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20:31, 18 June 2018 Monday
15:06, 08 January 2018 Monday

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Turkish scientists to crack DNA code from Neolithic era
Turkish scientists to crack DNA code from Neolithic era

Project 'Neogene' to study DNA samples from Turkey's Anatolian region

World Bulletin / News Desk

Turkish scientists have taken up a study which will tell the story of how human beings transformed from being nomadic hunter-gatherers to living in settlements. 

The European Research Council (ERC) has given Turkish scientists a €2.5 million ($2.9 million) grant for the DNA analysis of 1,500 people who lived in the Anatolian region -- present-day Turkey's Asian part -- during the Neolithic period.

Mehmet Somel, a professor of biological sciences at the Ankara-based Middle East Technical University (ODTU), told Anadolu Agency on Monday that they would work with archaeologists, biologists and anthropologists in their project named 'Neogene'.

The study will cover the period from 10,000-7,000 BC.

He said that DNA analysis and archaeological data belonging to the Neolithic period -- a term scientists use to refer to the last stage of the Stone Age -- would be evaluated together.

"Our goal is to tell the true story of one of the most important milestones of human history," Somel said.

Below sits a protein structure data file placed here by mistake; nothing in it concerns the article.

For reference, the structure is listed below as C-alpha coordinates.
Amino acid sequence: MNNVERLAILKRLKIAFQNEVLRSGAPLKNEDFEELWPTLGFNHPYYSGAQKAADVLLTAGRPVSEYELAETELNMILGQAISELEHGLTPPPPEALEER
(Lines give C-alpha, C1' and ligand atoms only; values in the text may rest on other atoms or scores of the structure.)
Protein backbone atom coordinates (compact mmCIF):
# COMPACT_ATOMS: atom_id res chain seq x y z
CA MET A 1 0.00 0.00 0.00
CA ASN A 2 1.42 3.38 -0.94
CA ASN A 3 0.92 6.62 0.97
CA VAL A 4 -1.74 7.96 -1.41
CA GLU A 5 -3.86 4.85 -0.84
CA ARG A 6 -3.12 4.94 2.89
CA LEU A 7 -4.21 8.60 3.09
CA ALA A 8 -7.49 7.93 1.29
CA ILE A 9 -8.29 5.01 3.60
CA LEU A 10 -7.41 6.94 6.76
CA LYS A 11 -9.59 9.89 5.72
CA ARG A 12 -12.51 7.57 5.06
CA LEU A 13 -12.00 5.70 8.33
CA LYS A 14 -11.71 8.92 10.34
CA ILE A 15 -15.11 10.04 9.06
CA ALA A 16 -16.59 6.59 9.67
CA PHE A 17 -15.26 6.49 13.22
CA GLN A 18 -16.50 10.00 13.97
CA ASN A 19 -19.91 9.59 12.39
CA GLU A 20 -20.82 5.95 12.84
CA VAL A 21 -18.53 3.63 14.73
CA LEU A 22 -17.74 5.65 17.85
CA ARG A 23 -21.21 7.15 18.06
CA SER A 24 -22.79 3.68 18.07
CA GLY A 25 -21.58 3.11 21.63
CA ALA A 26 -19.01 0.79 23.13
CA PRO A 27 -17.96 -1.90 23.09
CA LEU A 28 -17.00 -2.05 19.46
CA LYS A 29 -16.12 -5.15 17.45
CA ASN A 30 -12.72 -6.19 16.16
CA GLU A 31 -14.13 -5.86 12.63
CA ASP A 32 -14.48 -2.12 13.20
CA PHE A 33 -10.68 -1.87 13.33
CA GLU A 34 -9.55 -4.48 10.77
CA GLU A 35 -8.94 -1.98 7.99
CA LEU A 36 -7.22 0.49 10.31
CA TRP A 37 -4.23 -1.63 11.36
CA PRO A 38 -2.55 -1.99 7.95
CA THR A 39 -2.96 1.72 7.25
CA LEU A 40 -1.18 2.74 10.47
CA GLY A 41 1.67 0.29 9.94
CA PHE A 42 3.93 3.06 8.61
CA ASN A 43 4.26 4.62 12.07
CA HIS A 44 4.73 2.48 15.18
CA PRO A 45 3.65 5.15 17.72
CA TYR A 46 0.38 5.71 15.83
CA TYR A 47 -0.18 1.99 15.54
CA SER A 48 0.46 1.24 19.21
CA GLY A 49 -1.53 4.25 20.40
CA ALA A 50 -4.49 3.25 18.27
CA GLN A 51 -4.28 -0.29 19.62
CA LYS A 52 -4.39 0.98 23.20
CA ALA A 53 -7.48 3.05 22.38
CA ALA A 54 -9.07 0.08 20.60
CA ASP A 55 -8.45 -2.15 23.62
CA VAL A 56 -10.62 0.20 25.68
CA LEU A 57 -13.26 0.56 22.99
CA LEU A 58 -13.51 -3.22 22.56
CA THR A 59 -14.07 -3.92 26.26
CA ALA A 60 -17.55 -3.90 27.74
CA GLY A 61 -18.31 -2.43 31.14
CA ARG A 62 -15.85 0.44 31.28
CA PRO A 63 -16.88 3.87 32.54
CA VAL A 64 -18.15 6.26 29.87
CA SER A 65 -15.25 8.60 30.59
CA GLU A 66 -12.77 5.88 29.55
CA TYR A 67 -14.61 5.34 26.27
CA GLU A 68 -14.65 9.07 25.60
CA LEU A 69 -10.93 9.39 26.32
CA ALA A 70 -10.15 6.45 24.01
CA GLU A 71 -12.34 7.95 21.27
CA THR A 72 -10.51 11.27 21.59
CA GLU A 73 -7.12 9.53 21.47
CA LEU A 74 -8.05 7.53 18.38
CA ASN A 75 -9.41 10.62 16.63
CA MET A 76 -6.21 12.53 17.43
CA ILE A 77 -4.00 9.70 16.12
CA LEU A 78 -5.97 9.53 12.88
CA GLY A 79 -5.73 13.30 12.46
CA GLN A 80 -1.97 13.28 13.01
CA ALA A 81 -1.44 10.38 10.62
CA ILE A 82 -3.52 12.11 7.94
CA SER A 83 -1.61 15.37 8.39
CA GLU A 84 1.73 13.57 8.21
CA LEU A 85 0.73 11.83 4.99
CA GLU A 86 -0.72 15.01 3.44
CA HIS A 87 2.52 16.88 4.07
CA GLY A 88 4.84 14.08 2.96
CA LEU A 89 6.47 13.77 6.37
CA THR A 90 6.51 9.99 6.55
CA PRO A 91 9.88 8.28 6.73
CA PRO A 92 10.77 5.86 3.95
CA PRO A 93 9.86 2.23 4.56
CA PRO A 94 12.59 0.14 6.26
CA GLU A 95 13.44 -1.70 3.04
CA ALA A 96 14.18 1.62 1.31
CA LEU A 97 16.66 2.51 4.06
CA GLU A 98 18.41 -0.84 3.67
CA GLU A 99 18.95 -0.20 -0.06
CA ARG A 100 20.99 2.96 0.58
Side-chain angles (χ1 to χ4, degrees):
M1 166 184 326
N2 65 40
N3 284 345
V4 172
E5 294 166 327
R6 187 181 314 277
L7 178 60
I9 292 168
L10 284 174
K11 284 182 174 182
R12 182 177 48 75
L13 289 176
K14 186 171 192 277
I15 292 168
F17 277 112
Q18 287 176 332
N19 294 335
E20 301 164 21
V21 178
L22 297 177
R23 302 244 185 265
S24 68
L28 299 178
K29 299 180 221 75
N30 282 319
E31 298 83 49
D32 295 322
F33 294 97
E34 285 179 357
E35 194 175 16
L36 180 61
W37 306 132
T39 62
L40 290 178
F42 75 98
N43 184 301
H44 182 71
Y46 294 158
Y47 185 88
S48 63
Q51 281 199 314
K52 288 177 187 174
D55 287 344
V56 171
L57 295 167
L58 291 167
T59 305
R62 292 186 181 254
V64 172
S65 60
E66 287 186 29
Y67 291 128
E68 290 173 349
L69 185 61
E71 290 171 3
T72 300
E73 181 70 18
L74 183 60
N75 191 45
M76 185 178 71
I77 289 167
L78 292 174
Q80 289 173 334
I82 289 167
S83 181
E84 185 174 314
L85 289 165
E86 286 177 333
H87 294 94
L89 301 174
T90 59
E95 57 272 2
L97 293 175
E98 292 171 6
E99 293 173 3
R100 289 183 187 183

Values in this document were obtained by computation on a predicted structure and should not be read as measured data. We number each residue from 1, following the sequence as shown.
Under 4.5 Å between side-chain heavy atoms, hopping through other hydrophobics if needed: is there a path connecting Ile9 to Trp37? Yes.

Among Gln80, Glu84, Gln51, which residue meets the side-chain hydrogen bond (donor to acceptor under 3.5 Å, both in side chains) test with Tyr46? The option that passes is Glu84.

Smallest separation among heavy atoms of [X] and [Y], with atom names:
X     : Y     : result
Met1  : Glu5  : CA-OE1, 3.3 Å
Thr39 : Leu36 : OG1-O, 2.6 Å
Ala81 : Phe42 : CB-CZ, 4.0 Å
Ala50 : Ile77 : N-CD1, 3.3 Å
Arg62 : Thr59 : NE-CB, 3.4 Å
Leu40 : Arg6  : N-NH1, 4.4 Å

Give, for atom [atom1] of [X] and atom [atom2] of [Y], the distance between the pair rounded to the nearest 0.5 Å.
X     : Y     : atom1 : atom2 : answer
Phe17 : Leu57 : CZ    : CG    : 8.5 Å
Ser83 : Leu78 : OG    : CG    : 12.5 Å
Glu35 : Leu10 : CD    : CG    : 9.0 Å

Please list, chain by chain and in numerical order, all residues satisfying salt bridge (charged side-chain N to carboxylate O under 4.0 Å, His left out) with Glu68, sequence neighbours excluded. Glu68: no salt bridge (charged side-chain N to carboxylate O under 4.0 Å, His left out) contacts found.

Somel added that during that period, human societies saw a transition from hunting and gathering to one where animals were domesticated and crops were cultivated. This transition took 3,000 to 4,000 years.

"During the study, genetic samples which belong to almost 1,500 people from 20 Neolithic Anatolian settlements will be scanned through a DNA sequencing method."

The study will then be narrowed down to 350 people whose samples will be subject to deeper analysis.

The second stage will be devoted to bioinformatic analysis so that genetic proximity and gene flow among communities can be determined. 

Somel added that at this stage, bio-archaeological data would be obtained and scientists would gather objective cultural data.

The last part of the research will be a joint analysis of genetic, bio-archaeological and archaeological data.

The ERC grant will last for five years, he added.

 



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